Log in Newsletter

Christmas in the Park

By Diane Silcox-Jarrett

Picture a cool, crisp December night, the kind that makes you snuggle in your jacket or coat a little more and pull your gloves on a little tighter, with air so clear the stars sparkle in the sky just like the lights on your Christmas tree. This is the perfect kind of evening for folks to enjoy a holiday stroll through Arnette Park at the third annual Christmas in the Park. The stars sparkling in the sky form a backdrop for the thousands of lights adorning the park during the two-week event.

After only two years, Christmas in the Park is well on its way to being a holiday tradition for those who visit. It is the type of Christmas tradition that has just the right mix of music, blinking lights, hot chocolate and the laughter of children — and it’s a tradition that means a little more because it is right here in Fayetteville.

“We had the idea for many years,” said Erica Brady, special events coordinator with Fayetteville-Cumberland Parks and Recreation. “We decided the residents here in Cumberland County should have a place to go and enjoy Christmas lights and not have to drive far to see them. Each year it has grown and we have added something different.” During those two weeks, the park becomes a magical holiday walk with every turn revealing a new sight to bring a smile to the face of anyone taking the stroll along the pathway.

Brady says she has no idea how many lights they use to decorate the park, but she does know it takes awhile for the job to be complete. The park is decorated by the staff of the Parks and Recreation department. “We start setting up at the beginning of November. The staff enjoys the decorating and it is a time for our folks to be creative,” said Brady.

The path is one-half mile of winter wonderland, which includes displays along the way of gingerbread scenes, a toy land, toy soldiers, ice skaters and carolers. There is a 100-feet-long archway covered with oversized LED blubs, “When it is lit, it looks like the whole thing is chasing itself,” Brady said. A barn with mechanical reindeer is also a part of the growing event. A train ride will take you to a lighted section of the park that can’t be viewed from the walking path. David Nash, who visited the park last Christmas, said he was impressed with the lighted pathways and being able to take in all the lights. “It was nice to get out in the night air, slow down and just enjoy a part of the season.”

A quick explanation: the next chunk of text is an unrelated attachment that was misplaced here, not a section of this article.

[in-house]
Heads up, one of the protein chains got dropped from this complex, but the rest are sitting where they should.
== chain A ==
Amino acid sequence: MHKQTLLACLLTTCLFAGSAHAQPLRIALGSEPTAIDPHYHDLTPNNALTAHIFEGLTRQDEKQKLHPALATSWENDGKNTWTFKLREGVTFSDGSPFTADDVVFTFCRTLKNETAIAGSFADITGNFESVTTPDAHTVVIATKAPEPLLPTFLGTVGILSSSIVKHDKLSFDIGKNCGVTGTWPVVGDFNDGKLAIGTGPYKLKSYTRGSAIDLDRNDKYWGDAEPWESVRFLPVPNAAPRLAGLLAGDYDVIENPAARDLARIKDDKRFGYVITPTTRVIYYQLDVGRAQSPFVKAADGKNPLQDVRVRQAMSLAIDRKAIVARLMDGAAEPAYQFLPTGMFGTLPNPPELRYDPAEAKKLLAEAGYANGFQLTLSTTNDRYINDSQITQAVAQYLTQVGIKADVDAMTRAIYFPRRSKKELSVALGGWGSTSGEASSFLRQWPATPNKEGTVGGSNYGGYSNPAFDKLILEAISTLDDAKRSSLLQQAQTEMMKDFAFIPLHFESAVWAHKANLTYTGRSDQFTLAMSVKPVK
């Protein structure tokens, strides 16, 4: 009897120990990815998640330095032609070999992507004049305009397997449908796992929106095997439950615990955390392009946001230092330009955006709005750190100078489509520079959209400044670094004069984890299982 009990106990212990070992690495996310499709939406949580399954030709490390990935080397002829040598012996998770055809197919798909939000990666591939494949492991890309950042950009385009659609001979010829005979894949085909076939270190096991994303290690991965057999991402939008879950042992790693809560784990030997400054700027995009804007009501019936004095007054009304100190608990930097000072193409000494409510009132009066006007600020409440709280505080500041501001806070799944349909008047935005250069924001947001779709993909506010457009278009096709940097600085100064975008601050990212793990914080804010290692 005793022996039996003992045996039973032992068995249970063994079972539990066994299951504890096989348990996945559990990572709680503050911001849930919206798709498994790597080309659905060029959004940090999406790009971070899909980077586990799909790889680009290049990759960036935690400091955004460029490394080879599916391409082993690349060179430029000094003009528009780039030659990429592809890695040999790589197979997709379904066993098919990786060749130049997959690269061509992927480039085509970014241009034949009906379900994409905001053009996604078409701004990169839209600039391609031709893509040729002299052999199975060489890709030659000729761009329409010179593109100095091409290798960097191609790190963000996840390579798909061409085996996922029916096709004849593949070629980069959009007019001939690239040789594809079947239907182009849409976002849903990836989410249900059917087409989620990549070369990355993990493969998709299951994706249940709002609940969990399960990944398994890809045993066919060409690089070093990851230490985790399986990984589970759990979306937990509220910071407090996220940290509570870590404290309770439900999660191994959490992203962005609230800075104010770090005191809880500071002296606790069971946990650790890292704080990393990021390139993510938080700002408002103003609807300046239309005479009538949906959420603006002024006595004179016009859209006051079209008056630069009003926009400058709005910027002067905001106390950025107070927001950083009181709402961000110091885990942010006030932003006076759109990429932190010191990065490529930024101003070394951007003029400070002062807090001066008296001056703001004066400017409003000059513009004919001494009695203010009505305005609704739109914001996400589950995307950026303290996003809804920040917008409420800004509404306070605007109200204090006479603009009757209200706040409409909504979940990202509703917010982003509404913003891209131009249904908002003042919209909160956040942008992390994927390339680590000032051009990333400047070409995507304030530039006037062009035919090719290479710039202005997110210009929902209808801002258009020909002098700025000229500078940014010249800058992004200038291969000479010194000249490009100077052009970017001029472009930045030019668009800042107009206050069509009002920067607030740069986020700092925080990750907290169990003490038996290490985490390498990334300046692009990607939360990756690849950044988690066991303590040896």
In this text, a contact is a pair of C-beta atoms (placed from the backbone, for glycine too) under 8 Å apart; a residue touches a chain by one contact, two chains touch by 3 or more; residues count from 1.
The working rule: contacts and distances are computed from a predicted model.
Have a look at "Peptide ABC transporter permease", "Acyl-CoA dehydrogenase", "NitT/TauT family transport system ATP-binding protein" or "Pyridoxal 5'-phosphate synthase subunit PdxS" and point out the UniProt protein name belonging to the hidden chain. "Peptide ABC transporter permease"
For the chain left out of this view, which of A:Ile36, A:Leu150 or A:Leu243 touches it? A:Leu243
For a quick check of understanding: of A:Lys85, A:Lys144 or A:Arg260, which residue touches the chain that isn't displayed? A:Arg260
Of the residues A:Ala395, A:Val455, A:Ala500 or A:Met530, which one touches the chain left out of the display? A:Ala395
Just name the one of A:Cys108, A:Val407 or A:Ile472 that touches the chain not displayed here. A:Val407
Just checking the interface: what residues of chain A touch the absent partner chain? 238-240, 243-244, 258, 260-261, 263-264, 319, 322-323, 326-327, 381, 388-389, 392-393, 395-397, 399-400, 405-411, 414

One of the main attractions is a set of dancing Christmas trees. A 30-feet-tall tree, six 16-feet trees and twelve 8-feet trees are synchronized to dance with music. As “Carol of the Bells” plays, the trees keep precise time to the music while lighting up the park in dramatic fashion with their green, red and clear lights. During “Jingle Bell Rock” the trees take on the look of a Christmas tree chorus line keeping up with the beat of the song. “The music is programmed in-house by one of our supervisors,” Brady said.

Children jump up and down to the music pointing their fingers at the musical site in front of them. What could be more delightful for a six-year-old? One thing could be that long awaited visit with Santa Claus. The jolly old elf also likes to see the lights at the park and makes an appearance every year. Children can visit St. Nick in his decorated house, sit on his lap and whisper their wishes to him while having their photo taken.

After a stroll through the lights and a visit with Santa, everyone in the family might have worked up an appetite. Brady said there is plenty of food for visitors, “We have hot dogs, hamburgers, funnel cakes and cotton candy.” A night out in the crisp December air would not be complete without sipping some rich hot chocolate. If the hot chocolate doesn’t warm up your toes, there is fire pit available for toasting marshmallows. Those who want to take a few minutes to rest can pop a warm, toasted, sweet treat into their mouths as marshmallows are sold on site. Resting visitors can also enjoy a large movie screen which shows a variety of 30-minute cartoons.

It’s not only a night of lights and hot chocolate; Cumberland County’s talent is on display through performances by local groups and musicians. “We invite the different recreation centers to ask those who are taking classes with them if they would like to perform. We have also invited area schools choruses to share their talent,” Brady said.

Children who visit don’t have to leave the magical night empty-handed. Under the picnic shelter children can make some lucky person a hand-made Christmas present, which might be an ornament in the shape of their hand or magnet photo frame. “The craft we have changes every night,” Brady said.

Watching children leave this night of wonderment, seeing them proudly clutch the gift they made or look back for one last view of the sparkling lights, is worth the trip. A night at Christmas in the Park is a night when simple, special Christmas memories are made, the ones everyone from the youngest to the oldest will keep with them for many years.


Christmas in Arnette Park Costs

$2 for admission $1 for each craft project $5 for Santa photo $1 per person for train ride $1 for stick for roasting marshmallows $1 for four marshmallows